Selecting the best approach for Core Banking modernization is a complex strategic decision that requires financial institutions to assess current capabilities, customer needs, and operational risks. We can help you determine the approach that supports your transformation objectives.
Here are a few key areas in which legacy Core Banking Systems impede performance:
- Cost: A significant portion of IT spending within a financial institution is dedicated to managing technical debt and maintaining legacy IT systems.
- Time-to-Market: Monolithic architectures lead to multiple interdependencies and bottlenecks, thereby limiting speed to market.
- Personalization: Based on a product-oriented philosophy and data stored in multiple Core Banking, they greatly limit their ability to offer personalized experiences.
- Ecosystems: Current legacy IT system architectures often lack connectivity to envision the integration of third-party technologies, hindering innovation capability.
Faced with these challenges, financial institutions make the modernization of their Core Banking a priority to remain competitive and meet changing and constant customer expectations.
Key factors for Core Banking Transformation.
Evolution of Customer Expectations.
Customers demand superior experiences, advanced personalization, quick execution, user-friendliness, and intelligent support during their daily interactions with financial institutions.
Agility and Time-to-Market.
Legacy and proprietary technologies, characterized by monolithic and poorly integrated architectures, significantly complicate each evolution and extend time-to-market, thus hindering rapid adaptation to customer, market, and regulatory expectations.
New Technological Innovations.
Technological innovations such as artificial intelligence and other fintech advancements must now be part of an integrated platform to bring immediate benefits to financial institutions and their customers.
Heavy Dependence on Resources.
Legacy and proprietary technologies require human resources with specific skills that can become scarce over time, while retaining such personnel becomes even more imperative due to insufficient documentation of these systems.
Technical Debt and Significant Costs.
Legacy systems result in a very high Total Cost of Ownership (TCO). A large part of IT expenses is dedicated to maintaining operations, while only a small portion is allocated to innovation.
Openness and Collaboration in Ecosystems.
Openness has become a necessity for Core Banking, both to comply with Open Banking requirements and to seize collaboration opportunities within ecosystems.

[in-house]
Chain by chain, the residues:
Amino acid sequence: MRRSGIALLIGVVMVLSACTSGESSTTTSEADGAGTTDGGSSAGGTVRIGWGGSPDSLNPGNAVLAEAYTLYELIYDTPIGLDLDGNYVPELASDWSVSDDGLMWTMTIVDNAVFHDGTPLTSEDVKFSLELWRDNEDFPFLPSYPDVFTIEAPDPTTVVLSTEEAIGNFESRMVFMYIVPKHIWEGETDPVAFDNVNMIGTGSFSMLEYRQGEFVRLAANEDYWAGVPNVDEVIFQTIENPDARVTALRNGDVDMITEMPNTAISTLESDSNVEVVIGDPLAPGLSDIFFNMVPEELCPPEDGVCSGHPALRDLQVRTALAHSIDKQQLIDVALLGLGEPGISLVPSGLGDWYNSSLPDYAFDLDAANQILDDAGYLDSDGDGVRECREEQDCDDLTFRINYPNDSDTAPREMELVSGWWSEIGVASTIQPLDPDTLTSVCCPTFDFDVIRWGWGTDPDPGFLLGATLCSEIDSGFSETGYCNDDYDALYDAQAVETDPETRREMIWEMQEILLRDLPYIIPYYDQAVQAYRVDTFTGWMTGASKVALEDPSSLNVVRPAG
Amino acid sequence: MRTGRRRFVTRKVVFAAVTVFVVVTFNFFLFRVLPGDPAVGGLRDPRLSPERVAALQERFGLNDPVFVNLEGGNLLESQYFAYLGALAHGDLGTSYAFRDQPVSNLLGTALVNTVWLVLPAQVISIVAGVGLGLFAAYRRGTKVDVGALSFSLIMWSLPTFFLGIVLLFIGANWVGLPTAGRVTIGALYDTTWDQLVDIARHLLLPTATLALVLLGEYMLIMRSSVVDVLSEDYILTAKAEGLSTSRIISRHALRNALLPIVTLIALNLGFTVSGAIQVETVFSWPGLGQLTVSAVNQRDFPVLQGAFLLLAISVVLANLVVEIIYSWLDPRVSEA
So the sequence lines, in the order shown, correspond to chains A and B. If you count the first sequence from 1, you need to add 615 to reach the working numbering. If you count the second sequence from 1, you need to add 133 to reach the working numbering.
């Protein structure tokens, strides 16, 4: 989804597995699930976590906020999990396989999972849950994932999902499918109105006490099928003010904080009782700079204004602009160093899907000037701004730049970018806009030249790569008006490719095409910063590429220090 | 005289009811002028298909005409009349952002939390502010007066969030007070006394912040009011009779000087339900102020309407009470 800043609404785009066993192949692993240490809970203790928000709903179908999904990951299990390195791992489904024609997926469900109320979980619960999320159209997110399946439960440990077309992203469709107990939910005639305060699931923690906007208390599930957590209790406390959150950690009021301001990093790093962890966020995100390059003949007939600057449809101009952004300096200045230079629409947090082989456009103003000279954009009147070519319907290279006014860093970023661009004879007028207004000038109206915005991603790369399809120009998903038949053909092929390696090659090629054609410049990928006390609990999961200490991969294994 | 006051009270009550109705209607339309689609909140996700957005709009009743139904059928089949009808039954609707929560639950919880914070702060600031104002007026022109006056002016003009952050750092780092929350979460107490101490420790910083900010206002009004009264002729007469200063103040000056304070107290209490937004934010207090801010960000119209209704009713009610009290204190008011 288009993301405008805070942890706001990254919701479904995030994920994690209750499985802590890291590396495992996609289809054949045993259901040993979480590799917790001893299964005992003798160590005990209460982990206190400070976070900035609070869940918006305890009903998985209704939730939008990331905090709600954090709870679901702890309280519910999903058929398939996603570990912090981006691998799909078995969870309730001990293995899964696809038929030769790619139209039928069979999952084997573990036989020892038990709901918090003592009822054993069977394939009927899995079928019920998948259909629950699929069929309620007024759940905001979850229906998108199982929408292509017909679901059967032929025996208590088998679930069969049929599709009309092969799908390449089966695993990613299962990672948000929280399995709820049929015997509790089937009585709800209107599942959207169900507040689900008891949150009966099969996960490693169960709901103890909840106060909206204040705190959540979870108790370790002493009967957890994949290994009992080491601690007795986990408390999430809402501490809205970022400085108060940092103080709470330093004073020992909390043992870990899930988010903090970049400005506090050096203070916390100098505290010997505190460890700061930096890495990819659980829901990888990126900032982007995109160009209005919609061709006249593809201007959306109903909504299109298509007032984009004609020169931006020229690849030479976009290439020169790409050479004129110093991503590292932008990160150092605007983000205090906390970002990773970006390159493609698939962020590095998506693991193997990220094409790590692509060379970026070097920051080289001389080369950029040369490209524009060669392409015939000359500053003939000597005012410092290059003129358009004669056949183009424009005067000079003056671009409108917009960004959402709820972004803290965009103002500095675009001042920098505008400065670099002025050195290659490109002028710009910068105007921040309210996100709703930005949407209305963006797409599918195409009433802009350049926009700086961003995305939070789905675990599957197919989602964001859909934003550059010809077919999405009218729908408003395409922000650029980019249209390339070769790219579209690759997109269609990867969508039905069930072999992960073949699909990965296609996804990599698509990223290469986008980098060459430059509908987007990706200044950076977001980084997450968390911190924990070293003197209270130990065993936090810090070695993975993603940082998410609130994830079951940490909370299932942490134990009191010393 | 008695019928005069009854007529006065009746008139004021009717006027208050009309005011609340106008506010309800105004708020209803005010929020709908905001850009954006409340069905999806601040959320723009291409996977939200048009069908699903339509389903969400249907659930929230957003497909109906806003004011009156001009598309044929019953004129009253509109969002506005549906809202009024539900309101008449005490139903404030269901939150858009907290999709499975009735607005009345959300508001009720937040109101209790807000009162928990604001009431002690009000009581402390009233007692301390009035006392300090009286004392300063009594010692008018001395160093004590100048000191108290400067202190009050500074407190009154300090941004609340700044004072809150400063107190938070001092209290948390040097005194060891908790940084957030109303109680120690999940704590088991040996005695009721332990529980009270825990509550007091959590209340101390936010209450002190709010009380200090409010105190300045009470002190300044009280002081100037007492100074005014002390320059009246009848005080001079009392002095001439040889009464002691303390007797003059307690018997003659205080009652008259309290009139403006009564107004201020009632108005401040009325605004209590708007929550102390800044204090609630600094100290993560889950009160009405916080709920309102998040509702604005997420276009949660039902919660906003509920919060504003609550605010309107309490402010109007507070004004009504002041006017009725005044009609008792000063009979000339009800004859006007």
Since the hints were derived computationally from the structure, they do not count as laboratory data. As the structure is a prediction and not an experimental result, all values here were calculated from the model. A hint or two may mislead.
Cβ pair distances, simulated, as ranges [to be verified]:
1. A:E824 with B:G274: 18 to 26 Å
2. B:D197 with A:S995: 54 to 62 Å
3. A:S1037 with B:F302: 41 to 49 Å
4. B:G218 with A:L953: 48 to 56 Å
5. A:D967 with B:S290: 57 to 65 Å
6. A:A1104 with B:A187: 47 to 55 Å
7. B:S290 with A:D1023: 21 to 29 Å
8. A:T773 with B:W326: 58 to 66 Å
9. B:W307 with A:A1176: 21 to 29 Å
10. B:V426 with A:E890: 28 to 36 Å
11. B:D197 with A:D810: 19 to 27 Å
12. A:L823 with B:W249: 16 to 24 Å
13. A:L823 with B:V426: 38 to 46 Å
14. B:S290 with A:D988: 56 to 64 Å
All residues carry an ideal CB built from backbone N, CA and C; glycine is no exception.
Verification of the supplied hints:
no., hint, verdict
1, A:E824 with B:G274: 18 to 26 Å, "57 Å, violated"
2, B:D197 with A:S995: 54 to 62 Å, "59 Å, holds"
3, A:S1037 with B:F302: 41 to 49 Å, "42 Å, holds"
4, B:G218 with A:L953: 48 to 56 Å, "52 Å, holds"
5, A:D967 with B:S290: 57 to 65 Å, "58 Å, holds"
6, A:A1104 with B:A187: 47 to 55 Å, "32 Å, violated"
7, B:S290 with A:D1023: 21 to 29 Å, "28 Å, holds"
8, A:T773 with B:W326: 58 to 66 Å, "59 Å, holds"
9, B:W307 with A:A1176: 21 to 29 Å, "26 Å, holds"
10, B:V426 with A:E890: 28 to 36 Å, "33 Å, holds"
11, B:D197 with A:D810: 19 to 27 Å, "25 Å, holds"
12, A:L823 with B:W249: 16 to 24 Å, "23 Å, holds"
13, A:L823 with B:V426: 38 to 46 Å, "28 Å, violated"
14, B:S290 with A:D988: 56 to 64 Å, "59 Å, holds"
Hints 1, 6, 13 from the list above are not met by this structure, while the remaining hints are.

Legacy Core Banking systems can no longer cope with the scale and speed of regulatory and standard changes.
New Markets and Revenue Diversification.
Constraints of legacy systems hinder the ability to unlock value in new markets and new sources of revenue.
The "Big Bang".
Complete Replacement of Legacy Core Banking.
Financial institutions often choose this approach when they urgently need to replace their legacy Core Banking due to obsolescence or regulatory constraints. This requires an extensive data migration, and the benefits usually materialize only after the end customers are migrated and the legacy IT systems are decommissioned. This option eliminates the need to maintain two infrastructures and opens up the Core Banking to front-end solutions with more modern integration possibilities.
This option involves maintaining the existing Core Banking system while gradually reducing it as they build a modern architecture in parallel. As most financial institutions have been in operation for three decades or more, with a multitude of product customizations, using cloud-native Core Banking for all products may prove challenging. In cases where product simplification is not feasible, a new Core Banking platform in parallel is often necessary to address these uncovered capabilities. Having both Core Banking in parallel will require unique reconciliation processes for accounting and reporting. Due to evolving regulatory reporting requirements, these efforts cannot be overlooked.
A completely new banking proposition built on a new technological stack.
Launching a completely new customer proposition and customer experience, focused on customer acquisition through innovation, while simultaneously developing a Core Banking Platform that supports this new customer proposition. This approach is often considered less costly than other options and safer because existing customers are not exposed until the proposition and technology have been validated. While many financial institutions are exploring next-generation Core Banking Platforms, this option probably offers the best way to achieve maximum value.
" By leveraging Skaleet's Core Banking Platform, we were able to launch our digital bank, Masrvi, in record time (4 months). We will be able to rapidly grow our customers and offer a full range of banking products. "
Moulay Abbas - Chairman - BMCI
July 11, 2023
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Skaleet, your technology partner to help you quickly launch new financial services. Would you like to learn more about Skaleet and its solution?